I'm thinking more about the things that are included in the provider submissions - I found this quite helpful in making sense of it all. wonkhe.com/blogs/tef-results-what-the-panel-statements-say-and-dont-say/ . I suspect that an awful lot has depended on the way in which the submissions were written and that has to do with mindsets in the higher echelons, not what happens on the ground.

user7214743615 Thu 22-Jun-17 18:47:50

A 15 page submission should not be used to make such a radical splitting - one which will likely have huge impacts on student recruitment and (potentially/probably) fee income.

Parents/students will choose Gold over Bronze, without understanding what the metrics actually were. I think it is very unlikely that people will know that the benchmarks required to achieve awards varied so much between institutions.

GoneDownhill Thu 22-Jun-17 19:12:51

.

Gannet123 Thu 22-Jun-17 20:57:35

I think we are in violent agreement.... smile

corythatwas Fri 23-Jun-17 01:07:11

OP, if your interest is where you can find excellent teaching, there are basically two things you need to be aware of:

*the TEF did not at any point actually examine actual teaching, e.g. through sitting in on classes or evaluating teaching resources: this is not some kind of Ofsted (the closest it comes is student satisfaction, which was only one of the criteria)

*due to the benchmarking universities were graded differently for the same results: so an institution that got Bronze may actually have scored higher than one that got Silver. If you want to choose the one that scored higher, you need to look at the actual scores.

It is also worth considering that scoring highly in some of the categories may not mean what it looks like: drop-out rates could be affected by things like high living costs (explaining why London did unexpectedly badly), employment rates after 6 months would punish institutions where many students carry on to do further study or which are based in areas of high unemployment, student satisfaction could partly depend on other factors than actual policy (as per LRD's post).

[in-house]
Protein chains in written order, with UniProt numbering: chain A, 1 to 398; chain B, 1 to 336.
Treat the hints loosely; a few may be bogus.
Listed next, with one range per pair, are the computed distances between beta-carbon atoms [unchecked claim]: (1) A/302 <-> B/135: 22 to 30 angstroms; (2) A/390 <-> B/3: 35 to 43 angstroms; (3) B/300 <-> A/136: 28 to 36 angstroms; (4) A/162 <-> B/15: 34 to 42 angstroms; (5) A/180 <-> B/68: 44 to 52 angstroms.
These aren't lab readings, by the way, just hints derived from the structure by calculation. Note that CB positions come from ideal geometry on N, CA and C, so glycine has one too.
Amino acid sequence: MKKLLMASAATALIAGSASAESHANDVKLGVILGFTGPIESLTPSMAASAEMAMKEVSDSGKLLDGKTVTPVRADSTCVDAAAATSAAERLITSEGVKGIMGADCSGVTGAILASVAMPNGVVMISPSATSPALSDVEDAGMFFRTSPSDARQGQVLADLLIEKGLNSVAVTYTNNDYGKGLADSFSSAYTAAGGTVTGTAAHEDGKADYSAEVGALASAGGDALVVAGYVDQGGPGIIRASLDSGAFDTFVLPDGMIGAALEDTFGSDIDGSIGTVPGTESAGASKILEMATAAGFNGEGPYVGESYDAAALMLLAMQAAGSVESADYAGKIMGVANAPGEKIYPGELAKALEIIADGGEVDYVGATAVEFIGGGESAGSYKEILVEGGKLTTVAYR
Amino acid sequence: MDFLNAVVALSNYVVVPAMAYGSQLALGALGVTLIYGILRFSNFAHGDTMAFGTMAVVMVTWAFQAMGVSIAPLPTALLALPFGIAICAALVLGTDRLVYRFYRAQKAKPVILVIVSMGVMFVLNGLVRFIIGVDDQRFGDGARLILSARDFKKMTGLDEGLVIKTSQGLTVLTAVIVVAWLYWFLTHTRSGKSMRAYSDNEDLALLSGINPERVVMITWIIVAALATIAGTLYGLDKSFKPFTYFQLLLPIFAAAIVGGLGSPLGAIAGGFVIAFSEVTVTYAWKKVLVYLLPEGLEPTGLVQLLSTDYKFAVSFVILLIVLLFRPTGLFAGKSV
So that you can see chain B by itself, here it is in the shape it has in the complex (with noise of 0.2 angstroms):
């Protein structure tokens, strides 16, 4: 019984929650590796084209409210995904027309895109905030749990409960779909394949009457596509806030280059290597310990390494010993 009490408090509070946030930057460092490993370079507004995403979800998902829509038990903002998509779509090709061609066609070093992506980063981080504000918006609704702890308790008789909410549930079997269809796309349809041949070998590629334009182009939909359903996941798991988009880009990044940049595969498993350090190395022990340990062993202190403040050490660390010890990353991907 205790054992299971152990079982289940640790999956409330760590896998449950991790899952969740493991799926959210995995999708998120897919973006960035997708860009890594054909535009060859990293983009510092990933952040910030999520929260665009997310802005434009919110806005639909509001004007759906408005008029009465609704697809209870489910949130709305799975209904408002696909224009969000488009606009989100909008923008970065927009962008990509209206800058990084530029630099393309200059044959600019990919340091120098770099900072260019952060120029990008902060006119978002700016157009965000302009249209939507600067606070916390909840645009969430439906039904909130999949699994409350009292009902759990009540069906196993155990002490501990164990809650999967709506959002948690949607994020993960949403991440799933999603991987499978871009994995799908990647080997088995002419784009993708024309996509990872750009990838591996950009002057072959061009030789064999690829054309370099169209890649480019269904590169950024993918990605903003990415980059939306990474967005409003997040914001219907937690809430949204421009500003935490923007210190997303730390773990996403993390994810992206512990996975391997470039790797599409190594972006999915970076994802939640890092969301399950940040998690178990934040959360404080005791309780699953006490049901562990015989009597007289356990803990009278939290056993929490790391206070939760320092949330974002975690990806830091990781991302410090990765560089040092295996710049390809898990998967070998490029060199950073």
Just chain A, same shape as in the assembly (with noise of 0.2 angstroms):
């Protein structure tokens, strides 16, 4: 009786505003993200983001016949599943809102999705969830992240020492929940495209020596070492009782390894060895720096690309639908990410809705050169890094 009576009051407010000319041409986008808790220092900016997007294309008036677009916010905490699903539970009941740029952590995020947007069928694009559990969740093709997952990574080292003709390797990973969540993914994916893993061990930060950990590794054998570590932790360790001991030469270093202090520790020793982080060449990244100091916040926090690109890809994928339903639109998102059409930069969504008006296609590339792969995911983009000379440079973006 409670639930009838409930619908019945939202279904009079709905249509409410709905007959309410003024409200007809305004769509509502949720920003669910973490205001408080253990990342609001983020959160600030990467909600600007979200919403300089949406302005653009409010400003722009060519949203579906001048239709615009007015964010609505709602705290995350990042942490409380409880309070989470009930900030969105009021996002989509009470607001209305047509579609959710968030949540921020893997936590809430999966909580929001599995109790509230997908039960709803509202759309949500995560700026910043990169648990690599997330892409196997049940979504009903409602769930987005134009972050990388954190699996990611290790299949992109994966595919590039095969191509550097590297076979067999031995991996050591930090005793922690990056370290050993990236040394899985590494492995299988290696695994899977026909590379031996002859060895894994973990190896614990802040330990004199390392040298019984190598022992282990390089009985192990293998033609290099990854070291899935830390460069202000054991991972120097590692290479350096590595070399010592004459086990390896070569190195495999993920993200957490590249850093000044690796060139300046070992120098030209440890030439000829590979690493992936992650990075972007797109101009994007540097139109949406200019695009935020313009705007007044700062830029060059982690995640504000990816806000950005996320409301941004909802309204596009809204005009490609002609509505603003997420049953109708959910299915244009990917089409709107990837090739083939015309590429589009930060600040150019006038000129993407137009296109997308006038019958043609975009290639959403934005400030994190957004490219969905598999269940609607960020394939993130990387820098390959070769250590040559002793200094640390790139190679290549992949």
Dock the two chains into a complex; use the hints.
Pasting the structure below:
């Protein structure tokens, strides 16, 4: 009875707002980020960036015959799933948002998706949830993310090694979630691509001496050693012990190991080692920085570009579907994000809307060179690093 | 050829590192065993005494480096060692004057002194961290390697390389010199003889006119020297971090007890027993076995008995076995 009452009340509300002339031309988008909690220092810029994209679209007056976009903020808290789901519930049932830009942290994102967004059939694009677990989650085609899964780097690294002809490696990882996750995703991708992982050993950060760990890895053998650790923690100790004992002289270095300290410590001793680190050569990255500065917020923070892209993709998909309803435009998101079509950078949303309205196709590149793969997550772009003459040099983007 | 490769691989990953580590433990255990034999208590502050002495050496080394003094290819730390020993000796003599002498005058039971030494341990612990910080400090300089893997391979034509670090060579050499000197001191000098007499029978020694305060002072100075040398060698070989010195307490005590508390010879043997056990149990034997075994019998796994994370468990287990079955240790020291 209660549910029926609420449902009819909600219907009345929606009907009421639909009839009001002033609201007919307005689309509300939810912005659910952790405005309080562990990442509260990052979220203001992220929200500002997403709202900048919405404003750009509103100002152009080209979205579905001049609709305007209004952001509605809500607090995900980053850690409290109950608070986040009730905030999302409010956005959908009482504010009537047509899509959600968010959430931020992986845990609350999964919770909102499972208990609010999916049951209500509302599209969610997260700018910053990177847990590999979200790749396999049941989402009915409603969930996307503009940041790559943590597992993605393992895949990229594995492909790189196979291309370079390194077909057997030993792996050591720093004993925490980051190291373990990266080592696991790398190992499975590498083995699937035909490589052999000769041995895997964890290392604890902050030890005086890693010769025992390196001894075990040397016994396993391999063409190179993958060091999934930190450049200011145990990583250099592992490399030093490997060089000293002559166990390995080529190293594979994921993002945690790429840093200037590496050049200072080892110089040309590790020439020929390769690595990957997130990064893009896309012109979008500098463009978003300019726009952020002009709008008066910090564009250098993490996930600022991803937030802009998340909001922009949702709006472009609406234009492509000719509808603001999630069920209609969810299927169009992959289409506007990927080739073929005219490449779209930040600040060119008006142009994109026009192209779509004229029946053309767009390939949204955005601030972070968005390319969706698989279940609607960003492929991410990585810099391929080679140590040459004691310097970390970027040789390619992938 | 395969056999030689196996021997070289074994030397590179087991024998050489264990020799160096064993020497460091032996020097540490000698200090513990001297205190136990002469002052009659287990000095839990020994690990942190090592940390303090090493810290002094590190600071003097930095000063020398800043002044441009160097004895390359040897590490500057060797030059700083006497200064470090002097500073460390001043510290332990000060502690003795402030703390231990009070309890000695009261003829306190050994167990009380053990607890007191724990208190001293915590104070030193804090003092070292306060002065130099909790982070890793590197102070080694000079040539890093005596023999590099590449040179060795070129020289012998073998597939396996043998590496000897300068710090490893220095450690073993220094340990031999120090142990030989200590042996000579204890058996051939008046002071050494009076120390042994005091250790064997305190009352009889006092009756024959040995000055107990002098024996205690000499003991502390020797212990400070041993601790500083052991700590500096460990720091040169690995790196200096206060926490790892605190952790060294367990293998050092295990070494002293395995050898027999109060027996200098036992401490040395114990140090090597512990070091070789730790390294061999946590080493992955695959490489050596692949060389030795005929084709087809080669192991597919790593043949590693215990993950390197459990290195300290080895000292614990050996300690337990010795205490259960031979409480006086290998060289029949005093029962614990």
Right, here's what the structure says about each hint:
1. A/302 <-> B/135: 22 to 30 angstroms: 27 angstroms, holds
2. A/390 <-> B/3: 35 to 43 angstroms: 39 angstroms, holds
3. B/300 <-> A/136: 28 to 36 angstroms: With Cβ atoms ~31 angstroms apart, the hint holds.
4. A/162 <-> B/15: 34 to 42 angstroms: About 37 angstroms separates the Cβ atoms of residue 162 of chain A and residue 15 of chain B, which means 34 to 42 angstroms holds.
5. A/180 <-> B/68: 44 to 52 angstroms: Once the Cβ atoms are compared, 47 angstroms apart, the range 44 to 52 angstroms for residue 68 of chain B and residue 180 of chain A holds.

titchy Fri 23-Jun-17 07:47:16

What everyone said (although every expected London to do badly)!

Happy with our silver

corythatwas Fri 23-Jun-17 09:18:41

actually yes, titchy, you're right about London, don't know why I put unexpectedly

BachingMad Fri 23-Jun-17 09:40:17

Thanks cory, that's helpful. I am actually thinking of applying to Kent, so pleased it came out well, even though I will take it all with a pinch of salt.

titchy Fri 23-Jun-17 09:58:21

For a comparison with the actual metrics (benchmarked so should take into account the different student profiles each institution has) have a look here:

WonkHE

The silvers at the bottom of the table are interesting....

InLovewithaGermanFilmStar Fri 23-Jun-17 11:04:34

The assessment procedure is fundamentally flawed, with the criteria being such that it is much easier for low tariff institutions to achieve higher teaching scores than high tariff institutions. RG institutions that had very similar quantitative data were separated into gold, silver and bronze on the basis of 15 page statements. This separation was highly subjective and probably politicised.

Indeed.

The TEF rankings were produced by institutional-level data. So it's much easier, for example, for an ex-Poly with low entry scores, but giving quite a few 2, i degrees, to have very high "Value Added" scores, than for any of the 3 Russell Group universities I've worked at, which require high entry level scores, and then evaluate students to much tougher standards. I've been External expert at quite a few post-92 universities, and the standard of teaching & research is generally lower ... the staff have to teach many more students over many more hours, for a start.

The TEF has NOTHING to do with the everyday teaching of undergraduates & postgraduates. There is NOTHING in the TEF that will tell you anything about the day-to-day experience of your DC, nor the "quality" of the teaching they receive week in, week out.

And how would you judge that quality anyway? We often think that student evaluations of teaching tell us something. But ...

If I push & challenge, if I question, and require students to do the hard thinking, I may often get lower "satisfaction" scores. I will probably get lower satisfaction scores because I'm female, anyway.

But my teaching is likely to be better for the students' learning than someone who goes a bit easier on the students. My emphasis is on students' learning - I try to facilitate, provoke, and extend their learning, not "teach" them.

But that approach does not make for easily satisfied students ...

There's actually a fair bit of research emerging which shows that student evaluations are better at predicting students' sexist & racist biases, and often the students with tutors getting high "satisfaction" scores, don't do as well as the students of tutors with lower student evaluation scores.

BTW, my institution was ranked gold, so none of this is sour grapes - the TEF is even more ridiculous than the REF.

At least the REF involves peer-review.